Jacksonville won its last five games, six of its last seven and seven of its last nine, clinching the franchise’s first postseason berth in five years on the final weekend of the regular season.
Despite advancing, the Chargers still have something to prove. Among the NFL’s 14 playoff teams, only San Francisco had an easier regular-season schedule than the Chargers.
In the league’s strength-of-victory measure, the Chargers had the easiest path to this point, their 10 victories coming against opponents that won only a combined 57 times.
Matched opposite teams that went on to make the postseason, the Chargers were 1-5. Jacksonville was 3-3.
With so much at stake, Ekeler said the key is turning an opportunity that is very large into one that feels very routine, the NFL being the most week-to-week existence in sports.
“You gotta make sure it stays the same,” Ekeler said. “You don’t want to be in a scenario where you’re on the field and you’re so caught up in, ‘Oh, my God, we’re in the playoffs.’ We just need to stay consistent.”
The Chargers are walking into an environment that promises to be raucous and unwelcoming, Jacksonville hosting just its second playoff game in the last 23 seasons.
And the 2022 Jaguars have given their fans plenty to get loud about lately.
In their last four home games (all wins), the Jaguars never led against Tennessee until the final three minutes; trailed Dallas by 17 points in the third quarter; trailed Baltimore by nine in the fourth quarter before winning on a two-point conversion with 14 seconds left, and trailed Las Vegas 17-0 early and still trailed to open the fourth quarter.
That’s a lot of mojo-gathering positivity for a franchise that, in its previous four seasons, went 15-50.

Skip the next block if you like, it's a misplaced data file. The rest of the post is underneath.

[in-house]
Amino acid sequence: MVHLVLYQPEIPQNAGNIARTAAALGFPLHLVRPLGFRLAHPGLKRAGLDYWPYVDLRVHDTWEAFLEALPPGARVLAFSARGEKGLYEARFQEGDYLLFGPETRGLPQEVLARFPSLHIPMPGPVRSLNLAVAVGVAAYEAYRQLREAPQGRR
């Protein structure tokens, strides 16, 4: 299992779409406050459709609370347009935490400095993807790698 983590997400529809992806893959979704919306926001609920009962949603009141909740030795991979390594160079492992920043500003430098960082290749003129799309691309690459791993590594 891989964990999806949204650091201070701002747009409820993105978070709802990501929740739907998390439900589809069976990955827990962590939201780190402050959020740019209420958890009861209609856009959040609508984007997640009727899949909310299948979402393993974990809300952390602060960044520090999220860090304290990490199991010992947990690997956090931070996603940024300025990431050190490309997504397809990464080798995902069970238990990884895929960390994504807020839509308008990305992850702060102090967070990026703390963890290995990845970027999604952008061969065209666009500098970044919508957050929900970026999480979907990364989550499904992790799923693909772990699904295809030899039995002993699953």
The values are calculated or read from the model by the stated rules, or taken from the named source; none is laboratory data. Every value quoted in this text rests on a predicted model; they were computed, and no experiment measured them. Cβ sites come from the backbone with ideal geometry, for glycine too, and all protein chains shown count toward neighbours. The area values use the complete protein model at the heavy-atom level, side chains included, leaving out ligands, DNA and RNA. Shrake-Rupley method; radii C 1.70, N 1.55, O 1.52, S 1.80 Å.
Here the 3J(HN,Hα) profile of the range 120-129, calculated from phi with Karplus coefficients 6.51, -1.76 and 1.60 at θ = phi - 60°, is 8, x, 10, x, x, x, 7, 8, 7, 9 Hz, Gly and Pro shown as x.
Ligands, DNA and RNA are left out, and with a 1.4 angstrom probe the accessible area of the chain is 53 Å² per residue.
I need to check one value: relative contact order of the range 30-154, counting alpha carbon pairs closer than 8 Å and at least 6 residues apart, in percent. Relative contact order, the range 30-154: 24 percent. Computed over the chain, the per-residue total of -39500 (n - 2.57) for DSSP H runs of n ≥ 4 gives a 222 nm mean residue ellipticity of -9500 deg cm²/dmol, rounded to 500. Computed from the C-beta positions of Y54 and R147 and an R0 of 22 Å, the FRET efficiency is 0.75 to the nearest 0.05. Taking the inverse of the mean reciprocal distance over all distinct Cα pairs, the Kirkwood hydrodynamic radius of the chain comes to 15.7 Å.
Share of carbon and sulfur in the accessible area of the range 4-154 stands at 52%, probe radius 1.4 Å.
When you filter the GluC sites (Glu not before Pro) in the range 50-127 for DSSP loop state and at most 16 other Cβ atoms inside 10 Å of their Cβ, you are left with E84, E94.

Sam Farmer breaks down the matchups and predicts winners for the first six NFL playoff games during wild-card weekend.
“I invite the challenge,” Ekeler said. “I think it’s going to be awesome, an electric environment … That’s what you want. That’s what stories are made of — the guts and the juice and all that stuff, the feeling that makes something special.”
Asked about the impending wall of noise inside TIAA Bank Field, Allen joked, “Every game’s on the road for us, buddy.”
Jacksonville beat Dallas and Dak Prescott in Week 15. Since then, however, here are the quarterbacks the Jaguars have faced: Joshua Dobbs, Davis Mills, Jeff Driskel, Zach Wilson and Chris Streveler.
So, as with the Chargers, they also benefited from a less-than-daunting stretch of regular season.
Saturday night, the challenge changes for Jacksonville with the arrival of Herbert, the Chargers’ record-shattering, game-tilting quarterback. Similar to the Jaguars’ Lawrence, Herbert will be making his postseason debut.
Chargers don’t have much playoff experience, but Super Bowl veteran Kyle Van Noy says that factor is overrated -- just look at last season’s Bengals.
“I think he’ll handle it well,” Chargers’ safety Derwin James Jr. said. “Justin handles everything well.”
Having rallied from 6-6 to the playoffs, the Chargers find themselves right where so many observers predicted they’d be five months ago.
But foreseeing their path here would have been impossible, the team navigating many significant injuries and a long string of inconsistencies along the way.
Now, another significant injury is dominating the news, diverting attention from a postseason game and casting uncertainty upon the direction of the entire franchise.